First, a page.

By Dr. Kevin Polk PHD in Clinical Psychology
Copyright 2000. All rights reserved.
"Change" is a word we use a lot. We use it a lot because we do a lot of it. We even have a great saying for it, "The only thing that doesn't change is that things change." We are constantly bombarded with messages that we need to change. We are told to change how much we weigh, how much we eat, what we eat, how we interact with others, how we work, etc. You need only to pick up a magazine, look at TV or listen to the radio to be bombarded with messages about what you need to change.
The problem is that change is stressful. Being told to change is stressful as well. There is a good reason we get stressed when we are told to change. Where I am from we call it "being set in your ways." It's only natural. Being set in your ways is a lot like autopilot. That means you don't have to think much about what you're doing. If you had to think about every little thing you did each day, you would be exhausted in no time. So we tend to keep things the same to save energy. This tendency is useful until we really need to change.
A scientist named Dr. James O. Prochaska and his colleagues have studied the stages people go through as they change. They have found that there are five stages of change. Knowing what stage you are in can help you get out of a rut and make the changes you need to make. In my opinion it can also help you decide to pass up the changes you don't need to make. Think about it. If you made all the changes you are told to make each day, you would do nothing but change.
Here are the stages of change:
This can mean that you are not thinking about that change you need to make. It can also mean you are thinking about changing, but not for six months or more. For example, you did not know you needed to lower your cholesterol level until you found it was too high. Maybe you are thinking about getting to work on lowering it...six months from now.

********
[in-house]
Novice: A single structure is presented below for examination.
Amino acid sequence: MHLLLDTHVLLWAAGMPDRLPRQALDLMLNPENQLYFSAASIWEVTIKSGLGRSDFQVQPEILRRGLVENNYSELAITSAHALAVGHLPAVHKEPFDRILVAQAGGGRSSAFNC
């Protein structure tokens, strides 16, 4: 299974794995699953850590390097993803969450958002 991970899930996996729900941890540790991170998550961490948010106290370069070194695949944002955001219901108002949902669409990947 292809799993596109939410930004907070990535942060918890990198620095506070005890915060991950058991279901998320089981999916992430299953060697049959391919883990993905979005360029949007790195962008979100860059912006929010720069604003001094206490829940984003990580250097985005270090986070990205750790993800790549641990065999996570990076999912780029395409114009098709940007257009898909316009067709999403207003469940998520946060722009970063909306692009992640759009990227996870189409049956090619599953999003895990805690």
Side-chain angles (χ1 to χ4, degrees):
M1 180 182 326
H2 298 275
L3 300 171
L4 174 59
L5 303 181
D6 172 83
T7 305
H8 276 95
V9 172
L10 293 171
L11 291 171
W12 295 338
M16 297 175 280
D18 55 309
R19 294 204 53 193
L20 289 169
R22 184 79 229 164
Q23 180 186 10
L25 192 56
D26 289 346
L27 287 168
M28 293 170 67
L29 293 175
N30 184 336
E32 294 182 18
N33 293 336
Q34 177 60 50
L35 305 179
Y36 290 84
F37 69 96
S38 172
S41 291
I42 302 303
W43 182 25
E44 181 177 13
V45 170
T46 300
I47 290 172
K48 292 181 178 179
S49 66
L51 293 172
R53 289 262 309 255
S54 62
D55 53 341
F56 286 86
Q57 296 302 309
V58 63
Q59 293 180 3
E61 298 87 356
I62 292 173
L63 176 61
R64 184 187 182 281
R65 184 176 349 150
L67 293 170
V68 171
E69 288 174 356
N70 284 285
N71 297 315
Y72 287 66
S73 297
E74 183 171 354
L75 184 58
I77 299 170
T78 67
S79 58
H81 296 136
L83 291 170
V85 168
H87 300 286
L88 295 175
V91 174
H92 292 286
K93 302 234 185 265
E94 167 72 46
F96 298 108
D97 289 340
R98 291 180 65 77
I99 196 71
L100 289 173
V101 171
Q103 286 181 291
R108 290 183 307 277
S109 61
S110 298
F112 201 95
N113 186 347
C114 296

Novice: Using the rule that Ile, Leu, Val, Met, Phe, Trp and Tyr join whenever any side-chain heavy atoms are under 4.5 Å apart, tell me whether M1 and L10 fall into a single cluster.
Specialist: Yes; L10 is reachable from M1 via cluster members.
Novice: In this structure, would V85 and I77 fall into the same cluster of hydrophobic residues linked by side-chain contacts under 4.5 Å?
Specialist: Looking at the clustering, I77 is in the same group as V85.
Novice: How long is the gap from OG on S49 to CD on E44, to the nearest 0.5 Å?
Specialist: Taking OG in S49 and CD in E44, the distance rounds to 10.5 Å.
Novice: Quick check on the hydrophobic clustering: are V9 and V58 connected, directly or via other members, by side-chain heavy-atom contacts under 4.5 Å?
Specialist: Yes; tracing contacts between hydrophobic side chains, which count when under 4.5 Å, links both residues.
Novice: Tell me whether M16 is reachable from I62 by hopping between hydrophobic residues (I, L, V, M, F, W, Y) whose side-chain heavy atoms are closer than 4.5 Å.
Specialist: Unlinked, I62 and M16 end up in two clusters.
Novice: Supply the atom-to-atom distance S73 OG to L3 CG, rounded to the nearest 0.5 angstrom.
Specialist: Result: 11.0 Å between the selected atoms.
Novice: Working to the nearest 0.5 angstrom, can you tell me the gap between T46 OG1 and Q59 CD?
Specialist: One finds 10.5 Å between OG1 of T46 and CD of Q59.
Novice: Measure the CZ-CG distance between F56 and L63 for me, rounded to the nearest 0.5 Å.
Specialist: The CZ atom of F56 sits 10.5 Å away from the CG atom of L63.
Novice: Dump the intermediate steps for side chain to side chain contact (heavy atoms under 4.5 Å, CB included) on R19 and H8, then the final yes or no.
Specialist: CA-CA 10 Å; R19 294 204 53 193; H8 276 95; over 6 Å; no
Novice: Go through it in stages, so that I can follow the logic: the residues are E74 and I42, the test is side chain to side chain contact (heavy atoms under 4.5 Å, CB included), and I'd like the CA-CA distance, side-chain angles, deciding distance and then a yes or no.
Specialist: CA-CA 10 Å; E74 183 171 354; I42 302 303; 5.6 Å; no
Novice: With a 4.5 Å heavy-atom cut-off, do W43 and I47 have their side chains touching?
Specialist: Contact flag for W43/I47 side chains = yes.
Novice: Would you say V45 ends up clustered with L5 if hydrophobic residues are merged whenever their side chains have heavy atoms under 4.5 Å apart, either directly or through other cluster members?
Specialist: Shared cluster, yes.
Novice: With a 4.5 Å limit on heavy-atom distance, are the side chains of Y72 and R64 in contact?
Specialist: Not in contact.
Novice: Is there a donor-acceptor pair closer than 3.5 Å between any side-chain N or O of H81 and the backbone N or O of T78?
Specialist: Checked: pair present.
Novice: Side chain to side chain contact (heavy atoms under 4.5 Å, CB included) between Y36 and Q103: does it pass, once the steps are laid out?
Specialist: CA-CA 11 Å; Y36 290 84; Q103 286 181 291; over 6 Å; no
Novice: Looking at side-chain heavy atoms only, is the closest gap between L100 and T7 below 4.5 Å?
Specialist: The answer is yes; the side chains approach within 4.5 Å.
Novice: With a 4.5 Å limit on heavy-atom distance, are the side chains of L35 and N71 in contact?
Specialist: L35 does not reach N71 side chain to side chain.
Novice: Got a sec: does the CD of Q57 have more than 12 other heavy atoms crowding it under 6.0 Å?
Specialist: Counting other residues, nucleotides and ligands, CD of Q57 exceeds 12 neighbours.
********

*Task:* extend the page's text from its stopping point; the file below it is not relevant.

Now you are thinking about making the change within six months. For example, you know you need to lower that cholesterol. You're thinking about doing something about it soon, but that's all you're doing.
Now you've thought about it and know you want to change. Now you are putting the pieces together to make the change within the next 30 days. You're close to action.
Now you go on that diet, you start exercising, you take your medicine, whatever. You are spending time each day doing the change. You have been doing so for six months or less.
You have made the change and kept it up for more than six months. In terms of cholesterol, you lowered the cholesterol and have kept it low for more than six months.
Use these stages to help observe and analyze your self as you change, or if you are like a lot of us, as you don't change. So are there changes that you need to make but you are keeping them in pre-contemplation? Are you just thinking about doing something and not preparing? Maybe you keep preparing and don't take action. Maybe you take action and don't keep it up.
Whatever you do don't lose sleep over what stages of change you are in. Treat this as another tool you can use to help yourself feel better. You will probably want to use it when you are feeling stuck solving a problem. Then you can determine at which stage you're stuck. Maybe it will make it easier to get going. Maybe you will decide to stay where your are. There's some comfort in knowing where you are.